But speaking of behavior, I drew attention to the odd case of him jogging backwards when headed for his gun. This is not unique to him as I've seen it with other enemies in other levels. At first, I thought it was some sort of error with his AI when it pathed to pick up his gun, as that was where I saw a repeat of it later on. My theory was that his AI went "Pick up the gun, shoot the player", and the AI got the necessary order of operations wrong. Rather than running to the gun, then turning to face Konoko to shoot, the AI first turned to face the direction it would need to be in to shoot Konoko, then moved to the gun at best speed. But because now they had to move sideways or backwards, they couldn't fully run, leading to what you see here.

However, in a video I recently subtitled, I saw this same behavior from an enemy with no gun or Konoko nearby. Which kinda scratched my theory, leaving just as confused as before, if not more so.

But enough about Barabus! He's fun, brutal, and he can turn the time on you in a heartbeat if or when something goes wrong. I like it!

Moving on, the level itself.

I already talked about the first two instances of triple-locked doors, so let's go for another high-point of the level, if not the game. The cutscene in the tower. Konoko has fought her way up there, released the locks and has defeated the last enemy in her way. But from down below, she hears her allies needing help. The suicide bomber has activated his vest, and is ready to kill them both.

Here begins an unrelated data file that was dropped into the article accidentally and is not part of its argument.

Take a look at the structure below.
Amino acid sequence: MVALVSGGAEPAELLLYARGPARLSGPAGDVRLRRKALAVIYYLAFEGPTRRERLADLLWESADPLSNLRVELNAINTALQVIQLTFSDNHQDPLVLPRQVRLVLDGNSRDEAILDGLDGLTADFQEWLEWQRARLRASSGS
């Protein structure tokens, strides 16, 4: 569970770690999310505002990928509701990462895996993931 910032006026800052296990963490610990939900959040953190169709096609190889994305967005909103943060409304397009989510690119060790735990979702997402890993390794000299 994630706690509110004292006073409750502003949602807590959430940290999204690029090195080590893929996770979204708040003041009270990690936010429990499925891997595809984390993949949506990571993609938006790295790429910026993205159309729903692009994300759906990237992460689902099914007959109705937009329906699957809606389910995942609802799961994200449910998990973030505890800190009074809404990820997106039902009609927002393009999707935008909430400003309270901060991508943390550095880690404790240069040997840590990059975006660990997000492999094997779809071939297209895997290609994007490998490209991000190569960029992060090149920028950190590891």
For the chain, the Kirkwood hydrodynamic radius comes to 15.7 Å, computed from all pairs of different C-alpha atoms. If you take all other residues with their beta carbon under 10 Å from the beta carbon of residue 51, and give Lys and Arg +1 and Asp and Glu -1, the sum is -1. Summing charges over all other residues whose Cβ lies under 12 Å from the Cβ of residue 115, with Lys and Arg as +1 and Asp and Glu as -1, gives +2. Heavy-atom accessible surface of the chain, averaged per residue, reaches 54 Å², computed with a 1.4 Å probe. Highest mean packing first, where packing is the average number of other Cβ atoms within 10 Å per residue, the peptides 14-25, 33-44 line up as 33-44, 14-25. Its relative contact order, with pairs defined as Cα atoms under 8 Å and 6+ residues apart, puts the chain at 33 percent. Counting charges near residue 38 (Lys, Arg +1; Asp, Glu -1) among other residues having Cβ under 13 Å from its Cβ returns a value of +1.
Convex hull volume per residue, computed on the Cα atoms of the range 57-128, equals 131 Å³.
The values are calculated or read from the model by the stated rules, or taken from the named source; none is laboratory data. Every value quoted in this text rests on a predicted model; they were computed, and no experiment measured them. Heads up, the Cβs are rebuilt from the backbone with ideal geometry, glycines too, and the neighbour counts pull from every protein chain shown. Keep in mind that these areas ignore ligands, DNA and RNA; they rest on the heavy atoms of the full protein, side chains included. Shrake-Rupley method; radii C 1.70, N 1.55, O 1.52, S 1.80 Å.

So she throws the bomber out the tower, using him to kill the Syndicate holding the Lobby.

It's a perfectly scripted, perfectly executed scene that, despite being impossible as Konoko can't break glass with a throw, is still probably the best scene in the game.

In fact, it was so good, so perfect, that it was recycled in a later game. Don't believe me?

Here is Master Chief John-117, giving the Covenant back their bomb.

It's also this scene that prevents the player from taking the Wave Motion Gun through the whole level, as Konoko is scripted to unequip her weapon going into it, and you can't unequip/holster the WMG, so it simply gets dropped. This is a thing with the game's scenes, that Konoko will put her gun away for them, only to draw it when it is done, explaining her quick-draw at the start of this level and the previous one.